Qualcomm Snapdragon 835 Benchmark First Look, A Mobile Powerhouse Emerges

Touring Qualcomm's Snapdragon Labs

Now that Snapdragon 835 SoCs and the platform itself is available to smartphone manufacturers (notably Samsung, which is reportedly ordering them en masse), Qualcomm is getting the word out about its new high-end offering. The company invited a number of tech journos to San Diego last week for a tour of the labs that have been sweating bullets of late to make the 10nm chip and related components a success.

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We took them up on the offer and trekked from one massive building to the next, starting with a tour of the Power Lab. Surrounded by test benches, director of product management Johnny John discussed the importance of reducing power consumption in the new chip and showed us a side-by-side comparison of the Snapdragon 820 and 835 processors, measuring power draw while running a VR test. Under load, the Snapdragon 820 drew 895mA, while the 835 pulled only 683mA. The 835 also hit about 960mA in a 4K test, while the 820 drew 1250mA.

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Snapdragon 820 Versus Snapdragon 835 Power Draw Test Under Mobile VR Load

Then it was on to the decidedly-different atmosphere of the Snapdragon Advanced Content Lab, where director of product management (graphics) Micah Knapp and director of product management (VR/AR) Hiren Bhinde showed off the tech in a suite designed for gamers.

Walk down this hallway…

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And you’re greeted by a fine Xenomorph specimen upon entering the main gaming room.

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Tablets sporting various Snapdragon SoCs line one wall…

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And VR headsets are readily available. Our hosts used a Power Rangers demo to show how using a phone’s cameras and sensors provides six degrees of freedom: forward/back, up/down, left/right, pitch, yaw, and roll. The Power Rangers may not be our favorite super heroes, but the VR demo made us fans every minute we were in the demo, which started in a cave. Once the new Power Rangers vehicles appeared, hopping in and activating them was matter of just looking at the right controls.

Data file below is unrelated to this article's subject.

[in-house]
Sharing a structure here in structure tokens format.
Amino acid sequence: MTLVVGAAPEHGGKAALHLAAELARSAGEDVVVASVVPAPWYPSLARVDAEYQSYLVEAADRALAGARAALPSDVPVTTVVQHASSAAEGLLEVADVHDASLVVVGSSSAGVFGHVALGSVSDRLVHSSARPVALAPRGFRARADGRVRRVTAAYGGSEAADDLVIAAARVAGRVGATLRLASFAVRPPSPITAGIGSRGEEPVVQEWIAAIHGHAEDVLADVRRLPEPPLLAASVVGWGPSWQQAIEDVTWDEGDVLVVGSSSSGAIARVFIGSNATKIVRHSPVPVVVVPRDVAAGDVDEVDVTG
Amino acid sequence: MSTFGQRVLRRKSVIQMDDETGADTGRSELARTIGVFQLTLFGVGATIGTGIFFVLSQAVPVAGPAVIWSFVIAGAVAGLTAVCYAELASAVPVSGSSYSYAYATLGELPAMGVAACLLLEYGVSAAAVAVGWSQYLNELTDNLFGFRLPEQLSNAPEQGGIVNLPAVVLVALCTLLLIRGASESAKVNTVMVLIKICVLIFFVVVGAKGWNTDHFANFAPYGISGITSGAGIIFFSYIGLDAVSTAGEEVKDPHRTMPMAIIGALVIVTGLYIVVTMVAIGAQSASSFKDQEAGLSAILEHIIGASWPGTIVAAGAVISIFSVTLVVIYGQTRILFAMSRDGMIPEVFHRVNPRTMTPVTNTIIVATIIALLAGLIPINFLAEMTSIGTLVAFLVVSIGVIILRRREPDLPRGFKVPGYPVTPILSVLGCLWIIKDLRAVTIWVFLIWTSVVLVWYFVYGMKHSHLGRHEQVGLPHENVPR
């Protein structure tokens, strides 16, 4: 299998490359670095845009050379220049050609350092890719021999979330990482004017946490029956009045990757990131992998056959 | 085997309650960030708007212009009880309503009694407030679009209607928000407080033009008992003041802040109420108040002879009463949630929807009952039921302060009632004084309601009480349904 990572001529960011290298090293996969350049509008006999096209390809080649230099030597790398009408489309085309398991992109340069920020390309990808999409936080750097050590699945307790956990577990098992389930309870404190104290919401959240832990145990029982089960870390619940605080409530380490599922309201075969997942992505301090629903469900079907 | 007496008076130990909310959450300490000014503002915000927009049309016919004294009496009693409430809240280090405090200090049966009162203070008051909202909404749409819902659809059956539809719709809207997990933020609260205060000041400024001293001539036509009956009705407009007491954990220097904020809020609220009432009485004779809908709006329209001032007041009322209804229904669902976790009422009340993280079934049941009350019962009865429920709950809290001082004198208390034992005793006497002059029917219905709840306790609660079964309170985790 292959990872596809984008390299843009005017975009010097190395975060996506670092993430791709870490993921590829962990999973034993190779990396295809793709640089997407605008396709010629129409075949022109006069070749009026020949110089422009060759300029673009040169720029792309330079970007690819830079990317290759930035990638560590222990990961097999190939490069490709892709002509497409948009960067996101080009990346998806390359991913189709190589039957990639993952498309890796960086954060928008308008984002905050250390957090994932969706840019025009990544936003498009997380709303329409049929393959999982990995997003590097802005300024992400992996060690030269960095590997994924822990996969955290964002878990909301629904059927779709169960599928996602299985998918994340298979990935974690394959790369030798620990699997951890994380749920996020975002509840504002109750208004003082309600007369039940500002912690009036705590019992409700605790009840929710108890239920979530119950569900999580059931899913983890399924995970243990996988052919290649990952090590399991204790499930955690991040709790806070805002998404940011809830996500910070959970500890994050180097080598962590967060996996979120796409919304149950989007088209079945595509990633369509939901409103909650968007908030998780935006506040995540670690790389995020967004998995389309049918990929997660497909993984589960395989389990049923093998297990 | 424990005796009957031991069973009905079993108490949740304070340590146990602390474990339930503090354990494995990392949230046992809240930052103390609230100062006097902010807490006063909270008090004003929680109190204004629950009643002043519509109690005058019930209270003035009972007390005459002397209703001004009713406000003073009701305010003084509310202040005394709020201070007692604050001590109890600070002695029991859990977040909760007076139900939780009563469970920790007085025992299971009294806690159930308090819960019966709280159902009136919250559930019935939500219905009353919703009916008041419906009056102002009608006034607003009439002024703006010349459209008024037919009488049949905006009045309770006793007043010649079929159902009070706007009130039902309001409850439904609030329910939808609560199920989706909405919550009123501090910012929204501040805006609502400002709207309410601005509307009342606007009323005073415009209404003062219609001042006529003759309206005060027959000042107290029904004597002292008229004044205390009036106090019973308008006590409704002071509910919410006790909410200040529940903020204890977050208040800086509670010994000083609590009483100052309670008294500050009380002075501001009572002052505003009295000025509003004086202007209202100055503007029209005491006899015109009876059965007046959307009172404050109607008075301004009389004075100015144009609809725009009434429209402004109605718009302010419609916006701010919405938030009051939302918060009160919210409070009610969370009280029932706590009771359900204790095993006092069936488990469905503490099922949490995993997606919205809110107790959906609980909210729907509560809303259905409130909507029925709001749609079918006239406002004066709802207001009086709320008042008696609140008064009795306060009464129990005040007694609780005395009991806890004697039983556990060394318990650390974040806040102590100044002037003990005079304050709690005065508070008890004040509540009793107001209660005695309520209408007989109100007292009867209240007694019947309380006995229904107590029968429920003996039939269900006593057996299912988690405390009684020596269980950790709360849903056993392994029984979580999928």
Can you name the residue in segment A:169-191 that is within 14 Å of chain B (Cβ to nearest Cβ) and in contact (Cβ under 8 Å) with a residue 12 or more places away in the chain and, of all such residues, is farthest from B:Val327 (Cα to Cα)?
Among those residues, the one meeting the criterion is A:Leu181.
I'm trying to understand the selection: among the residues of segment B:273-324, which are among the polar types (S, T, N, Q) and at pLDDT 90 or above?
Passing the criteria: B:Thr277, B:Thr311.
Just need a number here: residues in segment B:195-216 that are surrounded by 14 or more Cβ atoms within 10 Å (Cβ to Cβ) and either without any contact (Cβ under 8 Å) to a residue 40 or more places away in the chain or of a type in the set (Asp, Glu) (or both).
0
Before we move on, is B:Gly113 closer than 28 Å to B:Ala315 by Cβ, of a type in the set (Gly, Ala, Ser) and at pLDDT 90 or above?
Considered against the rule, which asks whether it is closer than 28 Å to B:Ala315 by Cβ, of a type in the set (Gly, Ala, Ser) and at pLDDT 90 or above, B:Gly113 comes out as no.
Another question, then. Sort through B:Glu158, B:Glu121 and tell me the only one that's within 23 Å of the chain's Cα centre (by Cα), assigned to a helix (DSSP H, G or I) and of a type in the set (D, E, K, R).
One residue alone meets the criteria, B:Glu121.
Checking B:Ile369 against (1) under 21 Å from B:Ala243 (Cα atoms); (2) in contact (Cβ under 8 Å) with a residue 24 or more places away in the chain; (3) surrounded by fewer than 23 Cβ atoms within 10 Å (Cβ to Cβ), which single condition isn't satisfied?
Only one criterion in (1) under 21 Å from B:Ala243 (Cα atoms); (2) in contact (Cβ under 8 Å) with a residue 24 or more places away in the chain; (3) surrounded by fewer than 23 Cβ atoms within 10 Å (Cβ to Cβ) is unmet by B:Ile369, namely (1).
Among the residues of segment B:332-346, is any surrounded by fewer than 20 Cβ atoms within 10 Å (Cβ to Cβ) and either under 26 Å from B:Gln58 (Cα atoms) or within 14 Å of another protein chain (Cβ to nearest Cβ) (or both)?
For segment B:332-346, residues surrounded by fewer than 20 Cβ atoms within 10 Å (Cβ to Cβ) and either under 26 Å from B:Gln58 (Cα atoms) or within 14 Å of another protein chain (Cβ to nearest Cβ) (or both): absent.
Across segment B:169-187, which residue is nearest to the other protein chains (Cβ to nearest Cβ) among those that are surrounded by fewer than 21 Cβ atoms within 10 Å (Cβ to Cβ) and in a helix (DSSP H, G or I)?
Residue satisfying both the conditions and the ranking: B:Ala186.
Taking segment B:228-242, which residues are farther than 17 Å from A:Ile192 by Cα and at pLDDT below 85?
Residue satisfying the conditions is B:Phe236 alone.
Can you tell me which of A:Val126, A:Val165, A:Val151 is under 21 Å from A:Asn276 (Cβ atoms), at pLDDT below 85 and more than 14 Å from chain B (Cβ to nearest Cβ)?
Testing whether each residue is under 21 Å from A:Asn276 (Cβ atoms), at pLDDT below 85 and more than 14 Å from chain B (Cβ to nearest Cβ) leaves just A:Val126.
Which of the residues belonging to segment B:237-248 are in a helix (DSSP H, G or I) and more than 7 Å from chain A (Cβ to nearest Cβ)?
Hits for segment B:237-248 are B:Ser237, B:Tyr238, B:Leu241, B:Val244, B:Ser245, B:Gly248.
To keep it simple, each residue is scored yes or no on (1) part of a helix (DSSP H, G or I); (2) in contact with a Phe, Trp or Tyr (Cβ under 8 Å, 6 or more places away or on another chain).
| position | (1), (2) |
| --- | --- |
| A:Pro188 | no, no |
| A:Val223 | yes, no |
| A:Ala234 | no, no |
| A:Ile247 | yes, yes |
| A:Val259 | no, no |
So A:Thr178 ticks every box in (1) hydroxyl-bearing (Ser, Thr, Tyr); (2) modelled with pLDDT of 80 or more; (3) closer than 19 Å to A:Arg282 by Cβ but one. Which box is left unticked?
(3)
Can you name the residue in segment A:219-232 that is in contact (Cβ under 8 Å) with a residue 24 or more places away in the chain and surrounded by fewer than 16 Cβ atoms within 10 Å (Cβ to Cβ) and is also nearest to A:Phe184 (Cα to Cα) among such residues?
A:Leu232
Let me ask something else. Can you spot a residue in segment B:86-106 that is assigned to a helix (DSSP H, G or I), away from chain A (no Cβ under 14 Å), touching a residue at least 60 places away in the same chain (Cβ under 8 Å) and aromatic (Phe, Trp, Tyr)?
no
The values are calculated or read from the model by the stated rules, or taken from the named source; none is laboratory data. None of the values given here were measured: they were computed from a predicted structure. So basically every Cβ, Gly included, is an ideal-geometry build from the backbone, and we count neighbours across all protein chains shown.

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Knapp and Bhinde also showed us Snapdragon Profiler, which helps developers assess VR game issues. The profiler recently got a shout-out from John Carmack, who mentioned using it to check out an issue with Pinball FX2 VR.

Qualcomm also showed off its Spectra Camera Lab, in which phones bearing Snapdragon chips are put through tests to account for varied lighting conditions, subject matter, and camera shake. Staff product managers Mike Mangan and Rob Lay showed us the lab’s equipment.

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To improve image stabilization techniques, the lab uses a machine that shakes the phone and allows for the recording of detailed information about the camera’s behavior and position.

concludeTo be continued...
As soon as Qualcomm began sharing details about the Snapdragon 835, it became apparent that the mobile platform would offer serious improvements over the company's previous gen 820/821 models. Still, without performance tests, it was hard to get a sense of just how different the Snapdragon 835 would be. Now that we’ve had the chance to test the chips for ourselves, and see some power consumption numbers, we’re impressed.

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And, it seems, we’re not the only ones. Smartphone makers have been quick to get ahold of the Snapdragon 835 for new models. HTC recently announced that it will be putting the Snapdragon 835 in a new flagship phone, and Samsung is prepping the Galaxy S8 and S8+ with the Snapdragon 835 onboard as well.

Stay tuned in the weeks ahead as we get Qualcomm Snapdragon 835 powered devices in for full testing and review...

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